We’re excited and honoured to feature South Africa’s second largest independent animal welfare organisation on PetlifeSA for one year, starting July 2019.
Dogs that Jump and How to Stop them
Dominance and greeting behaviours are popular theories about why dogs jump on people. Dogs are very social and greet each other nose-to-nose and want to do the same with humans. They may also want to simply say “Look at me!” This can be frustrating and unacceptable to many individuals, but it’s a common behavioural problem that can be avoided.
Allowing dogs to jump on people can be dangerous. Children, people who have physical disabilities and adults who are older and frail can be easily knocked down and injured. People who aren’t expecting your dog’s overly enthusiastic greeting can be put off balance and alarmed.
The good news is that you can train your dog to greet everyone more politely.
Here are a few methods you can apply while your dog is still a puppy and even later when he’s an adolescent or adult dog.
HOLD BACK ON ATTENTION AND AFFECTION WHEN ARRIVING HOME
Your dog loves you and probably missed you while you were away (even if it was just for an hour). By giving your dog too much attention every time you arrive home and by reacting to his excitement, you encourage the development of unhealthy behaviour and increase stress levels.
ADDRESS JUMPING BY CORRECTING YOUR DOG’S BEHAVIOUR
Before you met your pup, or adopted your dog, his mum would have calmly, but firmly, corrected behaviour that wasn’t acceptable by simply moving the puppy out of the way. This correction helps to establish boundaries which you need to continue applying so your pup remains obedient.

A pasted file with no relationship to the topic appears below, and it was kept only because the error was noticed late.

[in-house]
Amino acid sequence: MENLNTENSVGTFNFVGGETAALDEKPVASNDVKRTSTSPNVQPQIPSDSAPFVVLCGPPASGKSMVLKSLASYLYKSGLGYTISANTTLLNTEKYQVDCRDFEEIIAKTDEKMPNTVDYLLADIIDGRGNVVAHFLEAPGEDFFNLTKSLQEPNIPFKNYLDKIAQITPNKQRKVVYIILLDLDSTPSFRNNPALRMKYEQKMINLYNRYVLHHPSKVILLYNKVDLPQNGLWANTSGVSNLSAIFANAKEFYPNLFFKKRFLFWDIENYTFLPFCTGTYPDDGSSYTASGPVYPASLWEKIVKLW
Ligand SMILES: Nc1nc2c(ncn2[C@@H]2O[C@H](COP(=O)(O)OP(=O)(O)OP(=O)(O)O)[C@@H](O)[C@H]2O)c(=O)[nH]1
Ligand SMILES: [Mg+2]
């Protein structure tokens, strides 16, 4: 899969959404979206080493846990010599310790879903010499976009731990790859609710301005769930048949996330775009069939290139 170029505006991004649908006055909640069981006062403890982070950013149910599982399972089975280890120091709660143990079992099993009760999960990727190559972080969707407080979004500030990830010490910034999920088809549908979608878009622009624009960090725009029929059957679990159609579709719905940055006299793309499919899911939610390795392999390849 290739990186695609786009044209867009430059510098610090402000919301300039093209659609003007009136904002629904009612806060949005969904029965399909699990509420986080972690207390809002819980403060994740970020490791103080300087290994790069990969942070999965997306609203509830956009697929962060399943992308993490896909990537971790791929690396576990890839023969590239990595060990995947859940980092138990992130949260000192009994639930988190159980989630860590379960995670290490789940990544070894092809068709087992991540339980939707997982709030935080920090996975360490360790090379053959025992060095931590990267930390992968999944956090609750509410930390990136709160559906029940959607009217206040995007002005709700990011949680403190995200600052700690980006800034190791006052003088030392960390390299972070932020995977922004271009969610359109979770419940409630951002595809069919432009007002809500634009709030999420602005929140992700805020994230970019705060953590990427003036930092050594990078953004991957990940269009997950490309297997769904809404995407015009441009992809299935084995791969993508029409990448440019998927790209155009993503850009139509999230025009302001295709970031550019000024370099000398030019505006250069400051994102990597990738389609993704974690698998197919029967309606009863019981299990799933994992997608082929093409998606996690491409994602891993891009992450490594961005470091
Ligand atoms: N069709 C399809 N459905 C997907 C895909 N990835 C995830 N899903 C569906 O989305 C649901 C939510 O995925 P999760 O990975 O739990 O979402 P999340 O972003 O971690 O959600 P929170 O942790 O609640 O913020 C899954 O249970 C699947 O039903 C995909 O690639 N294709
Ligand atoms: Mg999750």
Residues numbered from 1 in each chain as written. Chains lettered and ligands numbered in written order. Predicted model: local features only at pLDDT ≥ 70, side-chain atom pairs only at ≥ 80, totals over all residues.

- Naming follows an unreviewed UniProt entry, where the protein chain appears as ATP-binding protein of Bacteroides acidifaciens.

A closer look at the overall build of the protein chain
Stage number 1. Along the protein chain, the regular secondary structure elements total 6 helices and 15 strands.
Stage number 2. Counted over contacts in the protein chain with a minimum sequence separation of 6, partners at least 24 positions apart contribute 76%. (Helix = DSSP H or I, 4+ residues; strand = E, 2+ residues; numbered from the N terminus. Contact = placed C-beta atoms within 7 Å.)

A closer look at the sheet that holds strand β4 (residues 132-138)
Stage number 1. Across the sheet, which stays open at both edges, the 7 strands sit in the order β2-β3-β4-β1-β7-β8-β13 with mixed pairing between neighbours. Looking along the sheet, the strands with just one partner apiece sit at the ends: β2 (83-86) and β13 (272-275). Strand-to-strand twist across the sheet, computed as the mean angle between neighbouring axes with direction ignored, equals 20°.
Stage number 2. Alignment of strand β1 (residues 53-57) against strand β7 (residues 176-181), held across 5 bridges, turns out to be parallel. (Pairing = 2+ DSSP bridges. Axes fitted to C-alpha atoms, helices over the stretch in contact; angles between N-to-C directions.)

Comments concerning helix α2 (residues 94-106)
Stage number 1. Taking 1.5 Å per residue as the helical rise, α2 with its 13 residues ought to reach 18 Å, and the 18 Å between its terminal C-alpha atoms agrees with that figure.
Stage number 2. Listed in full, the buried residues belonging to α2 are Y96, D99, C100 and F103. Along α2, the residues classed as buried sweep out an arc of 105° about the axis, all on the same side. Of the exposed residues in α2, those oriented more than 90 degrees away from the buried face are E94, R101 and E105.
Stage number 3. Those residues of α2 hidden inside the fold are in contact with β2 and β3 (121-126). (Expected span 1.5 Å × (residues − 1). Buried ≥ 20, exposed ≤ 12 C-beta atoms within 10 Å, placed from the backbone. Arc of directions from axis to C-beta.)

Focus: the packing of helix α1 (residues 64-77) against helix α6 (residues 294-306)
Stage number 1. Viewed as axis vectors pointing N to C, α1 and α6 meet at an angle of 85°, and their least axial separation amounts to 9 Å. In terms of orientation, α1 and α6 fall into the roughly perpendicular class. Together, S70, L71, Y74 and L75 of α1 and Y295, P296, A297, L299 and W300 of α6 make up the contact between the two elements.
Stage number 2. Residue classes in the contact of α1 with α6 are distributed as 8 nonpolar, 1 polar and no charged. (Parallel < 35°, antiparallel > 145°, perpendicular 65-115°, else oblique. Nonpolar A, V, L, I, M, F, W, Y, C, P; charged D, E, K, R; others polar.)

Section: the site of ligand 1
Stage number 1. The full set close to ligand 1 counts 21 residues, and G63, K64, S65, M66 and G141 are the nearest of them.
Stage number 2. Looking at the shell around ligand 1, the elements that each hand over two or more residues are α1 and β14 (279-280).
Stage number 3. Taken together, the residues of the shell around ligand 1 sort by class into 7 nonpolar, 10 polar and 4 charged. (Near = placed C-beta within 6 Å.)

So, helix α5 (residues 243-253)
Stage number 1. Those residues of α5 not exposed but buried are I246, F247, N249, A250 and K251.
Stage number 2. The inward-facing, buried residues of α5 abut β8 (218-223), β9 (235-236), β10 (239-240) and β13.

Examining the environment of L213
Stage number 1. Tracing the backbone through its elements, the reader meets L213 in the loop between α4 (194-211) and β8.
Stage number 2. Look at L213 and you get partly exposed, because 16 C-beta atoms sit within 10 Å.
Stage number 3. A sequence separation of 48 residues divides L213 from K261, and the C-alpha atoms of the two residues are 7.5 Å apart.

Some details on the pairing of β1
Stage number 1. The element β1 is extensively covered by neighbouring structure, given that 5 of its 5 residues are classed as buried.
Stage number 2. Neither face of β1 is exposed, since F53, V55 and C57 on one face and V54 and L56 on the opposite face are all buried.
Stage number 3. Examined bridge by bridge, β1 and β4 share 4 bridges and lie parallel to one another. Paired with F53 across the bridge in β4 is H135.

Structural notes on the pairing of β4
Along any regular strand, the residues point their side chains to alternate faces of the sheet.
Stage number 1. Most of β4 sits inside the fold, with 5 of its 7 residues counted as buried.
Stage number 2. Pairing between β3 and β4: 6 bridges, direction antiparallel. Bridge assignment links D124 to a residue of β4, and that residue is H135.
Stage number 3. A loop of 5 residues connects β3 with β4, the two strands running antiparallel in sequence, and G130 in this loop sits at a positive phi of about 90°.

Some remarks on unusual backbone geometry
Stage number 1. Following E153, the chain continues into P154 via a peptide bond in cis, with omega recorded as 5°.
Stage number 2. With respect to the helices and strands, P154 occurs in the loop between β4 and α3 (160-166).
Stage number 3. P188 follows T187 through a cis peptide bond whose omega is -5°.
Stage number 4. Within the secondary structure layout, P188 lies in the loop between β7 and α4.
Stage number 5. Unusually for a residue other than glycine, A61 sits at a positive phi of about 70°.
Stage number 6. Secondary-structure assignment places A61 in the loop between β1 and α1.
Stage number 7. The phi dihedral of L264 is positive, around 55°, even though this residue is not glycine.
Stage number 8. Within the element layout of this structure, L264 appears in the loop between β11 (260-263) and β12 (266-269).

ASK YOUR DOG TO SIT BEFORE WELCOMING GUESTS
Manage and control the situation so that your dog doesn’t have the opportunity to jump up. For this to work, your dog needs to respect you and respond to the “Sit” command. While they are still learning proper behaviour, confine your pooch to another room, their crate or restrain them on a leash before guests arrive. Teach your dogs that they will receive no attention for jumping on you or guests and instead get a reward to sit. It is very important for family and friends to be consistent in the training programme.
TRAINING TECHNIQUES: WHEN YOUR DOG JUMPS ON OTHER PEOPLE
- Ask someone whom your dog likes, to assist you by taking the role of a greeter.
- Keep in mind that your dog should never be forced to greet someone they fear.
- Give your dog the “Sit” command.
- The greeter approaches you and your dog. If your dog stands up, the greeter must turn and walk away immediately.
- Repeat the “Sit” command and have the greeter approach again.
- If your pooch remains seated, the greeter can give your dog a treat or some attention as a reward.
- While out walking your dog, use this time for training as well. Manage the situation (as above).
- When a stranger approaches, inform the person that you are training your dog and don’t want him to jump.
- Hand the person a treat and ask your dog to sit.
- The person can then pet your dog and give the treat as a reward as long as your dog remains seated.
TRAINING TECHNIQUES: WHEN YOUR DOG JUMPS ON YOU WHEN YOU ENTER
- Keep greetings low-key.
- If your dog jumps on you, ignore him and leave (go out the door) and try again – you may have to repeat this a dozen times.
- Your dog will learn that he only gets your attention when he keeps all four feet on the ground.
- If you are sitting down and your pooch jumps on you, just stand up. Do not push him away, talk to or give him any attention; just ignore him until all four paws are on the ground.
Even if some people do not mind your dog jumping on them – you should. Remember to be consistent and don’t make exceptions. Practice makes perfect.